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Community News
Project Shows Communities Best Ways to Help Vets Deal With MH Issues
Psychiatric News
Volume 46 Number 14 page 8-9

American troops and their families need many layers of support at the local level to help cope with the stresses of war and injury, and a new pilot program seeks to coordinate those efforts around the country.

The Community Blueprint is a collaborative project to guide communities throughout the United States in providing services to those who have returned from service in Iraq and Afghanistan, said Barbara van Dahlen, Ph.D., founder and president of Give an Hour, announcing the Community Blueprint program at the Women in Military Service Memorial at Arlington National Cemetery on June 14.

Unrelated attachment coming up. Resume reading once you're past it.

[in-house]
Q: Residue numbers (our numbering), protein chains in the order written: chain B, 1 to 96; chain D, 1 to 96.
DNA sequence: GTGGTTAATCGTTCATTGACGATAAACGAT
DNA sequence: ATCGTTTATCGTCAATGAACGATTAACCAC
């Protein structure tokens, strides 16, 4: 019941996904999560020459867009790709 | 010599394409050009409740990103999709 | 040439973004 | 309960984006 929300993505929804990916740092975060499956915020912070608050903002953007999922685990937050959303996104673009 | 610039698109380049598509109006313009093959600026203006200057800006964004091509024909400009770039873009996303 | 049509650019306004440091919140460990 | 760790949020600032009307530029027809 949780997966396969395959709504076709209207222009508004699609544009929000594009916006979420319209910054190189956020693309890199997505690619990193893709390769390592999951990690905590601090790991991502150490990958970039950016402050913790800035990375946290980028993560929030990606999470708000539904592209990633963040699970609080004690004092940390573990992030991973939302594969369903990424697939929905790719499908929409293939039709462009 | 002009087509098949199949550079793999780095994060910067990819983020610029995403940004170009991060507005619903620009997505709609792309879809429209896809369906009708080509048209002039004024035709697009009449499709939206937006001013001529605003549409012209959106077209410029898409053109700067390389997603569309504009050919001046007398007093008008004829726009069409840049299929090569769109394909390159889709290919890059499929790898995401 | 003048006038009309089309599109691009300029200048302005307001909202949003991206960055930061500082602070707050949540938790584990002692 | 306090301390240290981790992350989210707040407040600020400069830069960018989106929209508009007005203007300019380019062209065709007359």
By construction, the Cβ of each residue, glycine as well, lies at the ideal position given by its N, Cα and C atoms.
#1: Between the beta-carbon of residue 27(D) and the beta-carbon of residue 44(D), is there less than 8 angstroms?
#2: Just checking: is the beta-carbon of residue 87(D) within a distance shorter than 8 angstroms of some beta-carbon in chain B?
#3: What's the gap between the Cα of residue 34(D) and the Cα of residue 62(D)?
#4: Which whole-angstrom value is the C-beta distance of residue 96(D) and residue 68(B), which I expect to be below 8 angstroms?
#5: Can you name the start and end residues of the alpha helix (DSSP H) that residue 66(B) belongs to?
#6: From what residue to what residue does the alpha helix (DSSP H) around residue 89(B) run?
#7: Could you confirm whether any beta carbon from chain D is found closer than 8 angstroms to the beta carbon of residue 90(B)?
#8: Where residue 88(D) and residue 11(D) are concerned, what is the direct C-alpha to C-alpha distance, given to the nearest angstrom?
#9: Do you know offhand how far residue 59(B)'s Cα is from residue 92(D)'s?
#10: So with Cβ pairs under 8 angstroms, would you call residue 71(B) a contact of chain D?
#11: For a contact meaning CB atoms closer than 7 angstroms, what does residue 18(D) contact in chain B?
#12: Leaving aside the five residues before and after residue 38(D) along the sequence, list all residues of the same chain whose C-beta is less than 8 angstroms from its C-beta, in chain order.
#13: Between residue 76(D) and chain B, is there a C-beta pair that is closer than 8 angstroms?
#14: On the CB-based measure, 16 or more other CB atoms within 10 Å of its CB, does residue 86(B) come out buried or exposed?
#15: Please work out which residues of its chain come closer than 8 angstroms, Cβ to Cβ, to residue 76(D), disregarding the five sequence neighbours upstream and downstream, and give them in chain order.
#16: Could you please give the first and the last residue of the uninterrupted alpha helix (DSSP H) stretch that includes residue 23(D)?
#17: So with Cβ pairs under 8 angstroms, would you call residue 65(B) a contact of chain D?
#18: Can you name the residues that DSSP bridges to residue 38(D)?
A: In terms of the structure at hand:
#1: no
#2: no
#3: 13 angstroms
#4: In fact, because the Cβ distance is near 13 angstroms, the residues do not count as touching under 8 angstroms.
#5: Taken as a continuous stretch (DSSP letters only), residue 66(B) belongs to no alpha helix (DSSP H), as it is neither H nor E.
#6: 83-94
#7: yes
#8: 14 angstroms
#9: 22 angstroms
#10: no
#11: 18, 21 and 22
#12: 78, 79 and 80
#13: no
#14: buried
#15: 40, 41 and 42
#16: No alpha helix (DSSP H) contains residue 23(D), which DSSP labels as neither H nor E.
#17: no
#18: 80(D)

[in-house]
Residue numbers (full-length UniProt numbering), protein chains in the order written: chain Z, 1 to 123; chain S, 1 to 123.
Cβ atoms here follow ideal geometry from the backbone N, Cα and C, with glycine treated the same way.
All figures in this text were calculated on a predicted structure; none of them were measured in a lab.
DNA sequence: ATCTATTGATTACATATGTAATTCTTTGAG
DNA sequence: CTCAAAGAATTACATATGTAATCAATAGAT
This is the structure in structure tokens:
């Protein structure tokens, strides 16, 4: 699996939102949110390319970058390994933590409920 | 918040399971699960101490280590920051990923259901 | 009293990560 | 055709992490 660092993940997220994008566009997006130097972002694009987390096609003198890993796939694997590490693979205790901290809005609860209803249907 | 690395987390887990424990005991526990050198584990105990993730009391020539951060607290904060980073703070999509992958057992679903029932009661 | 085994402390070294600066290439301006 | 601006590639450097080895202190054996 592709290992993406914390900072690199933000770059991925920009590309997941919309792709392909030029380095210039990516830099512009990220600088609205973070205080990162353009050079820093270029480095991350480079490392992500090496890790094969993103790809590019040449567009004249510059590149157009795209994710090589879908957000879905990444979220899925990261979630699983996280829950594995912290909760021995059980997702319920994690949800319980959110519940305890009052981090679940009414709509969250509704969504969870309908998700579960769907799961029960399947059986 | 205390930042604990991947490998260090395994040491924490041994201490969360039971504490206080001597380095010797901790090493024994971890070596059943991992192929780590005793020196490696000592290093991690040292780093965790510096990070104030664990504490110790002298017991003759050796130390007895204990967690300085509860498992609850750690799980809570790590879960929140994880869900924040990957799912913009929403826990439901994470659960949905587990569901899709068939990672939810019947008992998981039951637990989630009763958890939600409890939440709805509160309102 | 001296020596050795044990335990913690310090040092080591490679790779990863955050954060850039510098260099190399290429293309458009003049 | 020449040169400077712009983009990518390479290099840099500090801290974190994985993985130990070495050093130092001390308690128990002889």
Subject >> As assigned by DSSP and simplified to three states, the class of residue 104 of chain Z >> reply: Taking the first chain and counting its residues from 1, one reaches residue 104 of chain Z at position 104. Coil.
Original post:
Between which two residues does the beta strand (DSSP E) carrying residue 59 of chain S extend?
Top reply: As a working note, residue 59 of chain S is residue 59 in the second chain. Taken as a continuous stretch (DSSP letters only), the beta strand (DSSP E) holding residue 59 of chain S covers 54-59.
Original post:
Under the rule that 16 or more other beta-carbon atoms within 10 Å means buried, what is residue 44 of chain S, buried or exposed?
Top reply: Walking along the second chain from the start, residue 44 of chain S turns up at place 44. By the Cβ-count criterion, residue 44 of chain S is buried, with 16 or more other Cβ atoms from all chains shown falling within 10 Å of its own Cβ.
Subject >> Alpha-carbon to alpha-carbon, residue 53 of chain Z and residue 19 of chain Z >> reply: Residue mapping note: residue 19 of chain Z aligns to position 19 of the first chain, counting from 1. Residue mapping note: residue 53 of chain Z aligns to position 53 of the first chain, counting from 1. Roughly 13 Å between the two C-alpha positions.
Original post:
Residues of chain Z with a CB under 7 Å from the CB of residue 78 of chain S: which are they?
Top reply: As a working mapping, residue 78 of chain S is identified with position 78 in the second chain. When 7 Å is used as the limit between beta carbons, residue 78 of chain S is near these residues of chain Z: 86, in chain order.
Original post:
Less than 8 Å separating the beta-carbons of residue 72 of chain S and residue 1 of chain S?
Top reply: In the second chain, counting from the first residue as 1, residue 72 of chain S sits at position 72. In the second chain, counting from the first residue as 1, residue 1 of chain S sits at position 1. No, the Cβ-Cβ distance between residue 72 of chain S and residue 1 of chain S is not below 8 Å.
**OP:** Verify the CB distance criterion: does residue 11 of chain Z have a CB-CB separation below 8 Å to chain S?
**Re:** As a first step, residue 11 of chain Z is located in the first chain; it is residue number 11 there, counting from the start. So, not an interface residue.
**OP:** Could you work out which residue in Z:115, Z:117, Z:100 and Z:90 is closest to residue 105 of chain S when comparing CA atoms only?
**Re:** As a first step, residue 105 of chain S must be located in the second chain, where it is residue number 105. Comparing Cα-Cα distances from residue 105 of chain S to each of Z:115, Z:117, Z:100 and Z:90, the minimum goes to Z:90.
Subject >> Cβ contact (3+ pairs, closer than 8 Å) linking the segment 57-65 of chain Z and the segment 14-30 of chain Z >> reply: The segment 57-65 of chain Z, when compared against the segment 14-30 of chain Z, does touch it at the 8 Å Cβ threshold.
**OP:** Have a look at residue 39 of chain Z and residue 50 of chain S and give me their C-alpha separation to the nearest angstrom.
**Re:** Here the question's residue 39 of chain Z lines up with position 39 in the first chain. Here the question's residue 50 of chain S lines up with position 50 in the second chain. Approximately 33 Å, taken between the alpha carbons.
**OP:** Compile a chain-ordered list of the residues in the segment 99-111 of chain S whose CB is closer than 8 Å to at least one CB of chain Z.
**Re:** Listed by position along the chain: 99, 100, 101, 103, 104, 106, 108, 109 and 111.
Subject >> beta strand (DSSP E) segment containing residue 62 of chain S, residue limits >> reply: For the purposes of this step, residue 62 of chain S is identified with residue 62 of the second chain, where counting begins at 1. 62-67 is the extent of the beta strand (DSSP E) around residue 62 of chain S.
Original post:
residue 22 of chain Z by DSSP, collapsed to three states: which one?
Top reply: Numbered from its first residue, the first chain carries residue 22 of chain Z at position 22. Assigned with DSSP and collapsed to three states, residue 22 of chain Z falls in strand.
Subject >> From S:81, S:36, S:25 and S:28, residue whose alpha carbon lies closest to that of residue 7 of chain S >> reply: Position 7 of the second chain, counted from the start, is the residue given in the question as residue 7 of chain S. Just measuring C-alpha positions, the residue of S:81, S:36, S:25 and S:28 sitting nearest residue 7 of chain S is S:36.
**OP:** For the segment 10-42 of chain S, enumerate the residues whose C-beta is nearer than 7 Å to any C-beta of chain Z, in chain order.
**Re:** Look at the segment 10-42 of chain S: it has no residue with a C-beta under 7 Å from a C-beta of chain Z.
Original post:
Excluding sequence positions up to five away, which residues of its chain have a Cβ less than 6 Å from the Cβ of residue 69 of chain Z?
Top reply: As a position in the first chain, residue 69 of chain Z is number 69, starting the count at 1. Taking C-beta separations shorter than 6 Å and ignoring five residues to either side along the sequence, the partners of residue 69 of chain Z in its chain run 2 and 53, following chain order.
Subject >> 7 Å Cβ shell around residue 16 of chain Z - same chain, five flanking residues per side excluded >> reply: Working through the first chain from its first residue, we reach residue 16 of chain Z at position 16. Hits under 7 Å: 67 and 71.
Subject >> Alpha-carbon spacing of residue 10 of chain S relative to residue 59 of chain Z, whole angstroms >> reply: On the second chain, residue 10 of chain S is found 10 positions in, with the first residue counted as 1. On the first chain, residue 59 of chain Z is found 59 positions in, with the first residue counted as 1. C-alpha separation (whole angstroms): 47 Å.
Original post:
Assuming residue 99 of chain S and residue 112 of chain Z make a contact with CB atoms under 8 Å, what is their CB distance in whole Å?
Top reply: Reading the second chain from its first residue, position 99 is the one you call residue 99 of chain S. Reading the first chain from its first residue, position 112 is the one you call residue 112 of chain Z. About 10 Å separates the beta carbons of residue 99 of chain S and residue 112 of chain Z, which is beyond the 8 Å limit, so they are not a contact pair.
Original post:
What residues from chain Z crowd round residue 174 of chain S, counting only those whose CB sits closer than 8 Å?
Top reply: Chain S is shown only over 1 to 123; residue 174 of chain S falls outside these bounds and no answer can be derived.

Give an Hour is an organization that connects volunteer psychiatrists and other mental health professionals with current and former military personnel and their families for an hour of free therapy each week. APA has supported Give an Hour since its inception (Psychiatric News, March 7, 2008).

Community Blueprint has collected examples of existing programs, vetted them for suitability, and plans to publicize them so that other communities can adopt or adapt them.

So far, two pilot programs are in operation, in Fayetteville, N.C., and Norfolk, Va.

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Adm. Mike Mullen, chair of the Joint Chiefs of Staff, says that the United States must offer support for combat veterans and their families for at least another decade and that community-level programs are essential. 

Credit: Aaron Levin

Community-level programs are essential, Adm. Mike Mullen, chair of the Joint Chiefs of Staff, told attendees.

"The troops and their families who have sacrificed so much are young and have so much to offer our country with a little investment now in their future," said Mullen.